Next up is Jenna Charlton with a realistic look at the rhetoric of Risk-Based Testing. As many may well be aware, there's a lot of branding and promises that surround a variety of terms. Many of the phrases that we like to use have a certain comforting ring to them. Risk-Based Testing is one of them. Think about what it promises. If we identify the areas of greatest risk and test around those areas, we can deliver the best bang for the buck quality and we can do it so much faster because we are not testing every single thing.
Sounds great, right? However, what does this ultimately tell us? We have said we care about risk but what actually is risky? We are only alert to the risks if we have thought about them. The biggest fear I have when I think about doing a risk assessment is that I have made risk assumptions from what I know and can anticipate. Is that really a good risk assessment? It's an okay and workable one. However, if I'm not able to consider or understand certain parameters or areas that may be blind spots to me, I cannot really do a great risk assessment, so my risk assessment is incomplete at best and flying blind at worst.
One of the first things that can help ground us in these considerations is to start with a simple question... "what am I most afraid of?" Understand, as a tester, what I am most afraid of is missing something important. I'm afraid of having shallow coverage and understanding. That's not necessarily something that a general risk assessment is going to focus on. How many of us have said, "I don't know enough about the ins and outs of this system to give a full risk assessment here"? I certainly have. What can I do? Much of the time, it's a matter of bringing up my concerns about what I know or don't know and being up-front about them. "I have a concern about this module we are developing because I do not feel I fully understand it and thus, I have foggy spots here and here". Sound familiar? What is the net result of this? Do we actually get a better understanding of the components and that leads to a more lean testing plan because now we know the items better? Do we double up our coverage and focus model so we can "be sure" we've addressed everything? Here's where risk assessment breaks down and we fall back into the "do more testing, just to be sure" approach.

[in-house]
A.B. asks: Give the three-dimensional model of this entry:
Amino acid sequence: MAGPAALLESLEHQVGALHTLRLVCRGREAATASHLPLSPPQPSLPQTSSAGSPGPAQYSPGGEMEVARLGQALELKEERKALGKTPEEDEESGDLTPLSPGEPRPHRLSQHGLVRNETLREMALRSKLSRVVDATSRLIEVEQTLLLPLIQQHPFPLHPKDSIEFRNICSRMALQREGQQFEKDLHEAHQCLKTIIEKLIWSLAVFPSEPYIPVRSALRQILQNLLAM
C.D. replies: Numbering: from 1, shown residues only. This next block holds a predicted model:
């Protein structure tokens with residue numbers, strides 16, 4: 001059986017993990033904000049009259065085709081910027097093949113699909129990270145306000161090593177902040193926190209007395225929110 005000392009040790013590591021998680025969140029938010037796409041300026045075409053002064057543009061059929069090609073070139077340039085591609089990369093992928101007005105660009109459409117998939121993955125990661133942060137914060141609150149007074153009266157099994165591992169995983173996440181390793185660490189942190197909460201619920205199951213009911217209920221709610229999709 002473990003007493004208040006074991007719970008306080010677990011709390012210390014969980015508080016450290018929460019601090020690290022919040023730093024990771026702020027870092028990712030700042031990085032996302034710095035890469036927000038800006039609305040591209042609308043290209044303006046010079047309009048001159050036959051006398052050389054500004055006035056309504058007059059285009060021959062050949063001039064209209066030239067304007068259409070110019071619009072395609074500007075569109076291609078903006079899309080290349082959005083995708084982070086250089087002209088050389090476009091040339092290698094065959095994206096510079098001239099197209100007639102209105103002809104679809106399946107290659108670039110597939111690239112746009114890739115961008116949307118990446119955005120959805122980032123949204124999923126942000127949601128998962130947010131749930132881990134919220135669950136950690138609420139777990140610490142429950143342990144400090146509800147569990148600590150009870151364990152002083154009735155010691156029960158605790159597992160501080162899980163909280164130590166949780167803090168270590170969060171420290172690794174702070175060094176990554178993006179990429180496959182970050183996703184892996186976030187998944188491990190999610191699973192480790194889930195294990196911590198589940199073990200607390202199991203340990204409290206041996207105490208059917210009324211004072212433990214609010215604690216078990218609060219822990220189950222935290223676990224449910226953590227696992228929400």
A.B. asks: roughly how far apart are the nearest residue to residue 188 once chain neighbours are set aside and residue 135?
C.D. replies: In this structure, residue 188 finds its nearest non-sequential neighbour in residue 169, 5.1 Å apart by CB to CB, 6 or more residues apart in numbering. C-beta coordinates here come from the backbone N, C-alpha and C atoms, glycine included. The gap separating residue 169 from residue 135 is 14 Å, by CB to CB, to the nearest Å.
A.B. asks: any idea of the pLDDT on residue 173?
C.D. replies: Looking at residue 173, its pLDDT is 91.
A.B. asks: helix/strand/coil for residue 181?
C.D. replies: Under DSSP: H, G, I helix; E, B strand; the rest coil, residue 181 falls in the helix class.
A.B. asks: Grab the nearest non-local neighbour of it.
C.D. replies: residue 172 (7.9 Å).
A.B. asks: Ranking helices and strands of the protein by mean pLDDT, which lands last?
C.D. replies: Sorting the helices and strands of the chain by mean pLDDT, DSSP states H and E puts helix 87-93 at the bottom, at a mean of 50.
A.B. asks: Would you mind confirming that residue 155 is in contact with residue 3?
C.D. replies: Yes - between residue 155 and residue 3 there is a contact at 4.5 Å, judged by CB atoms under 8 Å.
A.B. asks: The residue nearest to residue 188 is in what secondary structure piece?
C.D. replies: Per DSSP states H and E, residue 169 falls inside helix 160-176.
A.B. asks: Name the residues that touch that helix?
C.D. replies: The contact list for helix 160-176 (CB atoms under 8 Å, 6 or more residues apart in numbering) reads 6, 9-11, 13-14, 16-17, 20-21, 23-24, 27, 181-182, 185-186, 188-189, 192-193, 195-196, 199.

Something else that often doesn't get addressed is the fact that what is a risk at one point in time, as the organization matures and they have covered these areas, risk in those areas actually goes down. Still, how many of us have continued focusing on the "riskiest areas" because tradition has told us that they are, even though we have combed through every aspect of this area we consider so risky. If you have made tests for a risky area, you've run them for an extended period, and no problems have been found (the tests pass all the time), what does that tell us? It could tell us we have inadequate tests (a real risk, to be sure) or it could also tell us that this area has been thoroughly examined, we've tested it vigorously and now we have a system in place to query multiple areas. In short, this area has been moved into an area where it might be risky if something blows up but as long as it doesn't, the risk is actually quite low. Thus, we now have the ability and the need to reassess and consider which risks are the current ones, not yesterday's.
We have to come to grips with the fact we will never cover every test possible and as such, we will never fully erase the risk. Also, we will never get it perfect. Still, we often operate under the assumption that we will be blamed if something goes wrong, or that we made bad assumptions, and of course, we fear the retribution if we get it wrong. Thus, it helps to see how we can mitigate those fears we have. If we can quantify the risk and define it, then we can look at it objectively, and with that, we can better consider how we will address what we have found. Are afraid of an outcome (nebulous) or are we addressing the risks we can see (defined and focused)? To be clear, we may get it wrong, or we may make a mountain out of a molehill. Over time, we might get better at that. Our goal is to deal with the molehills effectively but miss the entire mountain.
Again, there's a chance that we will miss things. There's a chance something that matters to our organization will not get the scrutiny it deserves. Likewise, fear may be making us focus on solidly functioning software over and over again because "it just pays to be safe" only to realize we are spending so much time on an older risk that isn't as relevant now. It's more art than science but both are improved with practice and observation.
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